The problem with people that think that the Old Covenant did not have eternal life, the Old Covenant did not have anything is that they think, that grace of God and all of these things, that New Testament subject in Old Testament there was nothing like that it was all Lord, and so on. There was nothing there. No, in the Old Testament, there was grace. See when you read Romans 4 and other passages like that where Paul talks about whether one is justified by faith or by works, you need to understand something. The Old Testament had the 10 commandments. God, when He gave the 10 commandments, said, “Do this and you’ll live purposely.” Not because they can do it and live, but to challenge them. Only when they’re tried, they'll know that they can't do it. And when they can't do it, they can't live. They'll have to die because the law condemns them as sinners, the law finds faults with them. That's why the law was given. The law was not given to save anybody. The law was given to accuse and condemn. Why? Because then only they'll turn to God for God's mercy. People are only saved by mercy in the Old Covenant also. Only by grace in the Old Covenant, never saved by the law. Not one person has been justified by the law under the Old Covenant or the New Covenant. No man shall be justified by the law. So God says, “Do this and live.” Not because they can live by doing it, nobody can do it. But He says that so that they will find themselves accused and stand as accused before the law and look to the grace of God and the mercy of God. And that is why, side by side with the law, the sacrifices were given. They had the law, the 10 commandments that accused them, then there were sacrifices. There was the law of God in the Ark of the Covenant that accused them. The high priest went there with the blood that was shed for the nation of Israel, for the people of God. The blood of the Lamb that was shed there and sprinkled it on the mercy seat to quiet the voice of accusation that came from the law. That's the picture given there.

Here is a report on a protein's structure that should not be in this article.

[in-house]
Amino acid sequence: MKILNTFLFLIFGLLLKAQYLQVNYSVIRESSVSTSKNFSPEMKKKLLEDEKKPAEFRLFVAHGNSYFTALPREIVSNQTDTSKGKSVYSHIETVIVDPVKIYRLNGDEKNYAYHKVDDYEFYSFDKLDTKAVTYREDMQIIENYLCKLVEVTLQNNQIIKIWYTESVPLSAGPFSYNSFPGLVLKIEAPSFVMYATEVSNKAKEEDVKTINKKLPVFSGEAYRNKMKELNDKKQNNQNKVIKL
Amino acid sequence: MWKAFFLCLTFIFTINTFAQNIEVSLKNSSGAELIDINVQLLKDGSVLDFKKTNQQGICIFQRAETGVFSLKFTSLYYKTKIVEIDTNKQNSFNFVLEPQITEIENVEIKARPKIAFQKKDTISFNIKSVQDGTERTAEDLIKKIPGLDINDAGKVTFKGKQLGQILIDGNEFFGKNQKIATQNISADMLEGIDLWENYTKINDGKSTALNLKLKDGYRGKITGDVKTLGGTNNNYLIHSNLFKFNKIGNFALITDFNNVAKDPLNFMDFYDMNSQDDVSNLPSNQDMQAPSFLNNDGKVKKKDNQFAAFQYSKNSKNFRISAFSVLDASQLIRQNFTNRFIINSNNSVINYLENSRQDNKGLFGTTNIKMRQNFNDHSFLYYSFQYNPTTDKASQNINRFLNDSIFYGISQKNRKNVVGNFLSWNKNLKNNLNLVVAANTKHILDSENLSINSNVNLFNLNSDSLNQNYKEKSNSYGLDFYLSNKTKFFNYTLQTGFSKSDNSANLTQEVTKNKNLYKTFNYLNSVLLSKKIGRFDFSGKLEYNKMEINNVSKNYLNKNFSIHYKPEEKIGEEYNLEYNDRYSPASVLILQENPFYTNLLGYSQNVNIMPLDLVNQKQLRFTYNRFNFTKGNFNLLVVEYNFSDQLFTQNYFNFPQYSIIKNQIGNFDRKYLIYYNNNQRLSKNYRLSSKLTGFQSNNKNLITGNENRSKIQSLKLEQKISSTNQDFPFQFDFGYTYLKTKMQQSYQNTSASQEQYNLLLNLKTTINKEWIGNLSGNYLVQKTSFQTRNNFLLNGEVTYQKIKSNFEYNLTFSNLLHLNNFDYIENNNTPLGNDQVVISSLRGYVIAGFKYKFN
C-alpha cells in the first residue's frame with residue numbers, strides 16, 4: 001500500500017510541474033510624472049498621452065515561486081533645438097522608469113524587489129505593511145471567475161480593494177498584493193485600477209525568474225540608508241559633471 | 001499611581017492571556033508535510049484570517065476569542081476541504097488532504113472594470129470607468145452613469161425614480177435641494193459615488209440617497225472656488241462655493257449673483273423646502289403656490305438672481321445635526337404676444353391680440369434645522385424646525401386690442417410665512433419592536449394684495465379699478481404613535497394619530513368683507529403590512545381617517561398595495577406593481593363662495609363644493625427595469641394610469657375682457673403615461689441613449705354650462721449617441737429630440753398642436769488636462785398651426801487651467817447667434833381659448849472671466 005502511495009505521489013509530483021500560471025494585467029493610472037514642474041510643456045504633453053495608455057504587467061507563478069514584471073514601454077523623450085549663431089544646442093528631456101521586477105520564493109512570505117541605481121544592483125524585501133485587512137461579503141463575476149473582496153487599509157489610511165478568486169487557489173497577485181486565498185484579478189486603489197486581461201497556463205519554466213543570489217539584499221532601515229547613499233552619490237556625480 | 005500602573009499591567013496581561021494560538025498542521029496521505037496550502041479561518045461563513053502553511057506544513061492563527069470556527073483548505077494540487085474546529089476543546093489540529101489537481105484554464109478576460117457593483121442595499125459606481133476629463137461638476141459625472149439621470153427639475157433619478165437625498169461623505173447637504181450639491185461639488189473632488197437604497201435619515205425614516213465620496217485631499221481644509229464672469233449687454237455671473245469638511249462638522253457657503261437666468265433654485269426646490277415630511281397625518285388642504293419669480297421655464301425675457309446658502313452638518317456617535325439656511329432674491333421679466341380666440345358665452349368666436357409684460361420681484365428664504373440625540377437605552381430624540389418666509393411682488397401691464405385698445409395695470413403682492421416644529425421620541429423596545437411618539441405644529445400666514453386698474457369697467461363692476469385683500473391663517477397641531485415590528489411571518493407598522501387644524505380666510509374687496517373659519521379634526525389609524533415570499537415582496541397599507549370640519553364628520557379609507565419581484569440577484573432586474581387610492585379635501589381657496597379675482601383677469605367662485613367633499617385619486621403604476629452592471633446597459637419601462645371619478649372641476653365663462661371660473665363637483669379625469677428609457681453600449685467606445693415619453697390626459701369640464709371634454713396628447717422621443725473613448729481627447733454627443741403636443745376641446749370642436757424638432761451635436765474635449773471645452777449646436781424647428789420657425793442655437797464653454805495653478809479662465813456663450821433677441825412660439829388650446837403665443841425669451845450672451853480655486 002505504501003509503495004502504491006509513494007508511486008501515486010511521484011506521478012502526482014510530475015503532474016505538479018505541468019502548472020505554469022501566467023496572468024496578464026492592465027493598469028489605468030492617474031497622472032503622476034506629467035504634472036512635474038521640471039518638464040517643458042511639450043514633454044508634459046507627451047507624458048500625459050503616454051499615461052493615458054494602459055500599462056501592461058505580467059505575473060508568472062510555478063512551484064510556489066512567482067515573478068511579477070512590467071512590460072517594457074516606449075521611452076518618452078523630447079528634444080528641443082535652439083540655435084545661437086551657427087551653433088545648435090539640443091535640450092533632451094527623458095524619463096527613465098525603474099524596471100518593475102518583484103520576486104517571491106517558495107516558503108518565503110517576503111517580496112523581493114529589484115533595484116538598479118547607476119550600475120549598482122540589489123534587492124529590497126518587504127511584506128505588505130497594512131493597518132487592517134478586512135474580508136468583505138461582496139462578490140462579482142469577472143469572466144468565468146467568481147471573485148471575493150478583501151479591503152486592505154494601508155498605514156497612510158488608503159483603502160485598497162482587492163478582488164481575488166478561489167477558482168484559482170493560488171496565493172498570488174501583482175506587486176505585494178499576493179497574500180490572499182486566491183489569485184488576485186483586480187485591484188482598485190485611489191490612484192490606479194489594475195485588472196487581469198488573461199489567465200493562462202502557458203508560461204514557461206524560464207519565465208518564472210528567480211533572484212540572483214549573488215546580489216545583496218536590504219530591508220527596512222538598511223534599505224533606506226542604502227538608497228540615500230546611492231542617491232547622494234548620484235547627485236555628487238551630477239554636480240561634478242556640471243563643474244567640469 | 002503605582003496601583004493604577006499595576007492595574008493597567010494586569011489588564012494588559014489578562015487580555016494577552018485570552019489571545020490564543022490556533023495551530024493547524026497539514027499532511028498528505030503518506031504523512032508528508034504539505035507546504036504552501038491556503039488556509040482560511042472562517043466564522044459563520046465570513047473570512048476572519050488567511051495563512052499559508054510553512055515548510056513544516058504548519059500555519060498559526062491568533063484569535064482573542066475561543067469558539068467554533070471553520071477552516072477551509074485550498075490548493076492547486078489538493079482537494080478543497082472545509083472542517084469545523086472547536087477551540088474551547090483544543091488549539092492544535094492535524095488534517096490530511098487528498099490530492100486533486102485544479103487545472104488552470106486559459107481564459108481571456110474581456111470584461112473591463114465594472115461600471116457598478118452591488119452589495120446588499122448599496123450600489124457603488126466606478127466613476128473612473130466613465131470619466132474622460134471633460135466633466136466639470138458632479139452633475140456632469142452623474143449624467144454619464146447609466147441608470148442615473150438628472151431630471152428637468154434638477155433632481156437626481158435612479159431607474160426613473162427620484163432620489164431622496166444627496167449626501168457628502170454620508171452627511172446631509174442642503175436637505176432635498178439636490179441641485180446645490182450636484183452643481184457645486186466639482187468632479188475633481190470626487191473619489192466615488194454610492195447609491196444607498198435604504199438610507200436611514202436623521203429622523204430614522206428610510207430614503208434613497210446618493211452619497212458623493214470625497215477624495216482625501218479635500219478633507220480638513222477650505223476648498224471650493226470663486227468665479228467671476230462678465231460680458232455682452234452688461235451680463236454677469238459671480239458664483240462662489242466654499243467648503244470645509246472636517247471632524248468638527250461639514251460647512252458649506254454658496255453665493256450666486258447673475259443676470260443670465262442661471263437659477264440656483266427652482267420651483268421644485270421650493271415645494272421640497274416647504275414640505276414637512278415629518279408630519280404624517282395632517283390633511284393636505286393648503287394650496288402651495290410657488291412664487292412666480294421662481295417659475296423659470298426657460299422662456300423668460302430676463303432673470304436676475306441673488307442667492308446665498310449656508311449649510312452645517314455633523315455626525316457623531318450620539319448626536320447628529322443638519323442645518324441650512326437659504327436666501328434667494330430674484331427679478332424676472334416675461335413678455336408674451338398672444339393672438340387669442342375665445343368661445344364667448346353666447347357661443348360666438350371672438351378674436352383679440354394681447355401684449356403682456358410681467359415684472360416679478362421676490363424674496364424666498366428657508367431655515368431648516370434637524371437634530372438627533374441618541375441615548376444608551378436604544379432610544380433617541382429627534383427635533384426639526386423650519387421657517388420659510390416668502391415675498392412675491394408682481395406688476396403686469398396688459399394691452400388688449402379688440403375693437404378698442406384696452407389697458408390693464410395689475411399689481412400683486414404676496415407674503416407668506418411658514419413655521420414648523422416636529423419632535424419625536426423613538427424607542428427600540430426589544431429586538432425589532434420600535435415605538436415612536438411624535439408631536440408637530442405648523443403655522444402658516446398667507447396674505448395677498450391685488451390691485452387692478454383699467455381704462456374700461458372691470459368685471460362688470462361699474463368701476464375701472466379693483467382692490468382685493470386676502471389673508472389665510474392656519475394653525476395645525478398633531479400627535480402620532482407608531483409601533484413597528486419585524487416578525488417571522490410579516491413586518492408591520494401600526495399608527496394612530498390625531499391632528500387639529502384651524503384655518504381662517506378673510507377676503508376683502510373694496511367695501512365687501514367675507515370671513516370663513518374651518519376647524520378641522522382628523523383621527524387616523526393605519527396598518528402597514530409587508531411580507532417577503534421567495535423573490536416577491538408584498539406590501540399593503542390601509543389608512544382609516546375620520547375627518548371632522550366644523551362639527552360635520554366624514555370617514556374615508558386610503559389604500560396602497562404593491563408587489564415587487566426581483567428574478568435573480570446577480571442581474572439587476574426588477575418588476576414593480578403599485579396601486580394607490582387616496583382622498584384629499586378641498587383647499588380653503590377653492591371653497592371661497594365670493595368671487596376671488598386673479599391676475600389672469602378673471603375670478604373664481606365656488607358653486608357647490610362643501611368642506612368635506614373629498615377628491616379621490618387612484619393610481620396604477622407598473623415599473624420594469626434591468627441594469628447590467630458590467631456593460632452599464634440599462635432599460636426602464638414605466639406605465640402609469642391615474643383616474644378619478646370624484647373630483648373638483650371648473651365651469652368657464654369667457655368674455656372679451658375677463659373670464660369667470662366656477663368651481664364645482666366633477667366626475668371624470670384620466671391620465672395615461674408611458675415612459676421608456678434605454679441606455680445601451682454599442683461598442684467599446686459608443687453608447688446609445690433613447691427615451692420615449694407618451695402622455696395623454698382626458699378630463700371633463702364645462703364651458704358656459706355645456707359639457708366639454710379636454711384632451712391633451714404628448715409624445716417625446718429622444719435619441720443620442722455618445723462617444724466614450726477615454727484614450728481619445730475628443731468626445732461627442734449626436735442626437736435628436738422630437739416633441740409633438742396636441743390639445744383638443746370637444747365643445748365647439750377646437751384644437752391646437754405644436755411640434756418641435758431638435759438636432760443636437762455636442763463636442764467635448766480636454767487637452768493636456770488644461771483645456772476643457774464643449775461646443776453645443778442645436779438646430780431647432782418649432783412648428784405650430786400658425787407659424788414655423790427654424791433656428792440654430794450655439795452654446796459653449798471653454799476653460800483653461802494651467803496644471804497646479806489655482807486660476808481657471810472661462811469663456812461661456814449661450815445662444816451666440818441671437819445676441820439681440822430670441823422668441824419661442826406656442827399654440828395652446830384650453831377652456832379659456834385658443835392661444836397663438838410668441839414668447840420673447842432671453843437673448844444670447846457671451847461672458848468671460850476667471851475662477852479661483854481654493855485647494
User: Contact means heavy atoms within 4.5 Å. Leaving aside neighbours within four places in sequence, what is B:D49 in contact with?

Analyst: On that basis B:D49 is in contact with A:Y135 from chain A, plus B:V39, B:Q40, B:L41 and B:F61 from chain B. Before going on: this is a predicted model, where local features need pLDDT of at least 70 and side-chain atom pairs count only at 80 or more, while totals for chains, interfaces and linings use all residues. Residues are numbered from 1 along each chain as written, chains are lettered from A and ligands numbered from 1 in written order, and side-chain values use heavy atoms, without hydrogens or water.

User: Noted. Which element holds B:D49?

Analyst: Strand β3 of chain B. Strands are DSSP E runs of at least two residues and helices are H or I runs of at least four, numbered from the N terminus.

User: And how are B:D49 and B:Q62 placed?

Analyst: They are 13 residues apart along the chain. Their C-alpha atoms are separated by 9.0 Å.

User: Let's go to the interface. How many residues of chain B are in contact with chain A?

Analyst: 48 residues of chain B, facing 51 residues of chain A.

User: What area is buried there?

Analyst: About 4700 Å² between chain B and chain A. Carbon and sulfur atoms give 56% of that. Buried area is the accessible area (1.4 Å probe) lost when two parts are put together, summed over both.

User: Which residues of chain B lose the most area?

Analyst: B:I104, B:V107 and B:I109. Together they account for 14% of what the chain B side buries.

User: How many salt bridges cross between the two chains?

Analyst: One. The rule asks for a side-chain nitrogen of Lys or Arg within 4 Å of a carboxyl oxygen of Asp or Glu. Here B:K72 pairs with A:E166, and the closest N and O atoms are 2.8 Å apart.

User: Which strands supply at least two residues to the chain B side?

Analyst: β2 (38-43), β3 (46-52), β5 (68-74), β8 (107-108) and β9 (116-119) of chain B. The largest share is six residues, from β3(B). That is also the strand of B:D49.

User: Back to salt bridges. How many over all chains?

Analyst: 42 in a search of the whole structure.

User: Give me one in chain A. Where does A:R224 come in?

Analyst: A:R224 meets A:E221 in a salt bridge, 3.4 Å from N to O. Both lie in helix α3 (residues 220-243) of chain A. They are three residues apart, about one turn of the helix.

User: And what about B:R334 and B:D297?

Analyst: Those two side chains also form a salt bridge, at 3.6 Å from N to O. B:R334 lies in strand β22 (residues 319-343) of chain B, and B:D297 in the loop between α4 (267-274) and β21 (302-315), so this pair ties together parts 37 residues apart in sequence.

So in the Old Testament, there is grace. Old Testament is not just all law, my friend, the Old Testament is full of grace and faith. It is salvation by grace through faith all the way So, the difference between the Old Testament and the New Testament is this, in the Old Testament, you have types and shadows, in the New Testament, you have the real and the substance.

Christianity is the full development of what existed in the Old Covenant. See in the Old Covenant things were not altogether different. The fundamental principles of grace, righteousness, mercy, justice, truth faithfulness are there in the Old Testament also. Read the Old Testament with your eyes wide open, it's there. Don't look at it as a book of law. People received grace there.